The weak spot on Earth's surface that protects us from the deadly solar radiation is splitting into two with the gap growing wider, states NASA.
Located somewhere over South America and the southern Atlantic ocean, the phenomenon called South Atlantic Anomaly ( SAA) is weakening Earth's magnetic field by creating a dent on it which in turn is attracting the solar particles closer than before to the surface.
As an effect, this will mess up with navigation and cause 'a serious headache' for satellite missions involved in collecting data.
As per reports Earth's magnetic field was already in for troubles when it "skittered across the Arctic" shifting the true north, losing 9% of its strength over an average of 200 years. However, the SAA has been reported to weaken it's magnetic field even faster, by 8% since 1970, reports the Insider.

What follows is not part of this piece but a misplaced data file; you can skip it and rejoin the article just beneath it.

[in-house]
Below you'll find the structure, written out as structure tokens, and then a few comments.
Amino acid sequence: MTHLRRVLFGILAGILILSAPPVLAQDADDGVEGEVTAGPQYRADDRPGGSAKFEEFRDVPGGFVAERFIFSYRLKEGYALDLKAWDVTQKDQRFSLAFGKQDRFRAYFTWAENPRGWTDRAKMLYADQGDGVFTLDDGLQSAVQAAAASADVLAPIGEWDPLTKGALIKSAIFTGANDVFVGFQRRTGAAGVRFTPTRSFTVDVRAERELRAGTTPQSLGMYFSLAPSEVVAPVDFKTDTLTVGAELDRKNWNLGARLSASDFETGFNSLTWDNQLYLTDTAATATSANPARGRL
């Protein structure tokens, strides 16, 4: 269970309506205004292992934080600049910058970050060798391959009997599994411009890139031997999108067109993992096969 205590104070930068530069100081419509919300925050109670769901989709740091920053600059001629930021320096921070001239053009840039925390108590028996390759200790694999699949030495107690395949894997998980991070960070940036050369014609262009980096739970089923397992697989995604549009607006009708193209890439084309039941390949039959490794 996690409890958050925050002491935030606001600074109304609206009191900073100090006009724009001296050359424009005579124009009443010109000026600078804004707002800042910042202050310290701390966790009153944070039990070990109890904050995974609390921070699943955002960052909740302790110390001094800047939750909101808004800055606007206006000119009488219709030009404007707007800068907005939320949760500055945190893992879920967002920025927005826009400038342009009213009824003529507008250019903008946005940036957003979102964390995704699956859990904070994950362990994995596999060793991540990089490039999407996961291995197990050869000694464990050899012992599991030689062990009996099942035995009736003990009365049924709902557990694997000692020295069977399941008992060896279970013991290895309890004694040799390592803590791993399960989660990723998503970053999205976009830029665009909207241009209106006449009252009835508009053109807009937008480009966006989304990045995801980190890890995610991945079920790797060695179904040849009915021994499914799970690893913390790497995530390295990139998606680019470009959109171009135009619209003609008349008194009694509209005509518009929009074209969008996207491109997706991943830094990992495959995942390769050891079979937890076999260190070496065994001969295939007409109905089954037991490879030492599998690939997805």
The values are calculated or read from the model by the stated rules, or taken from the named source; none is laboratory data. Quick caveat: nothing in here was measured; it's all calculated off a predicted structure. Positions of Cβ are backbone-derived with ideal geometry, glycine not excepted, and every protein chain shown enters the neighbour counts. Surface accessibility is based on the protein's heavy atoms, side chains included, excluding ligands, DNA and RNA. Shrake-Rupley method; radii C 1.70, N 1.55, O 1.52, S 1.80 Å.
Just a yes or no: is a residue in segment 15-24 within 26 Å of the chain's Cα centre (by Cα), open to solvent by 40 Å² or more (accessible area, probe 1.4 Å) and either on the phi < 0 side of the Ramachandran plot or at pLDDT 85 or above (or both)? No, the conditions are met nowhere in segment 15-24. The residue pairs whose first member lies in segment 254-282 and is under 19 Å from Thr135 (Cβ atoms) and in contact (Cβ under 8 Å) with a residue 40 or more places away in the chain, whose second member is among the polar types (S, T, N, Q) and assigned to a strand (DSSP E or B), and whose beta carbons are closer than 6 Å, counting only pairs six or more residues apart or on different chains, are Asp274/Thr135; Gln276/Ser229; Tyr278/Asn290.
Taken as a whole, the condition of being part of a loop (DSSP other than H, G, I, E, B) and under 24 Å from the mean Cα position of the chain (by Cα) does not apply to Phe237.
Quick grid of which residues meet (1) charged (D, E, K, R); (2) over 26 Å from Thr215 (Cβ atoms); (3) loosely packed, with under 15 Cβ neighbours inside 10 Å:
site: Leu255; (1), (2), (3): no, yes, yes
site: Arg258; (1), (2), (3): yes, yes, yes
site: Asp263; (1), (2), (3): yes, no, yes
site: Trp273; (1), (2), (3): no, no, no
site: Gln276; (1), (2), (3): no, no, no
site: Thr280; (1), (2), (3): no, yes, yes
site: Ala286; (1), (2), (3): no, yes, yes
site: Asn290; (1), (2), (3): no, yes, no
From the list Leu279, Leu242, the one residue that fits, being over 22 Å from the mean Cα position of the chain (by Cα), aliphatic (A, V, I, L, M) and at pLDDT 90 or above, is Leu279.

Following the events NASA confirms that this is a result of the Anomally splitting up.
The effect of the phenomenon will have far reaching effect beyond Earth's surface, particularly affecting the near-space environment where satellites are launched.
Often satellites passing through this area exposed to risks of being hit with the high-energy proton from the Sun and due to a weak magnetic field to resist it, the satellites start showing temporary glitches or become out of service.
To reduce the chances of this happening too often in future, scientists from ESA and NASA are now keeping a constant tab on Earth's weakening magnetic field.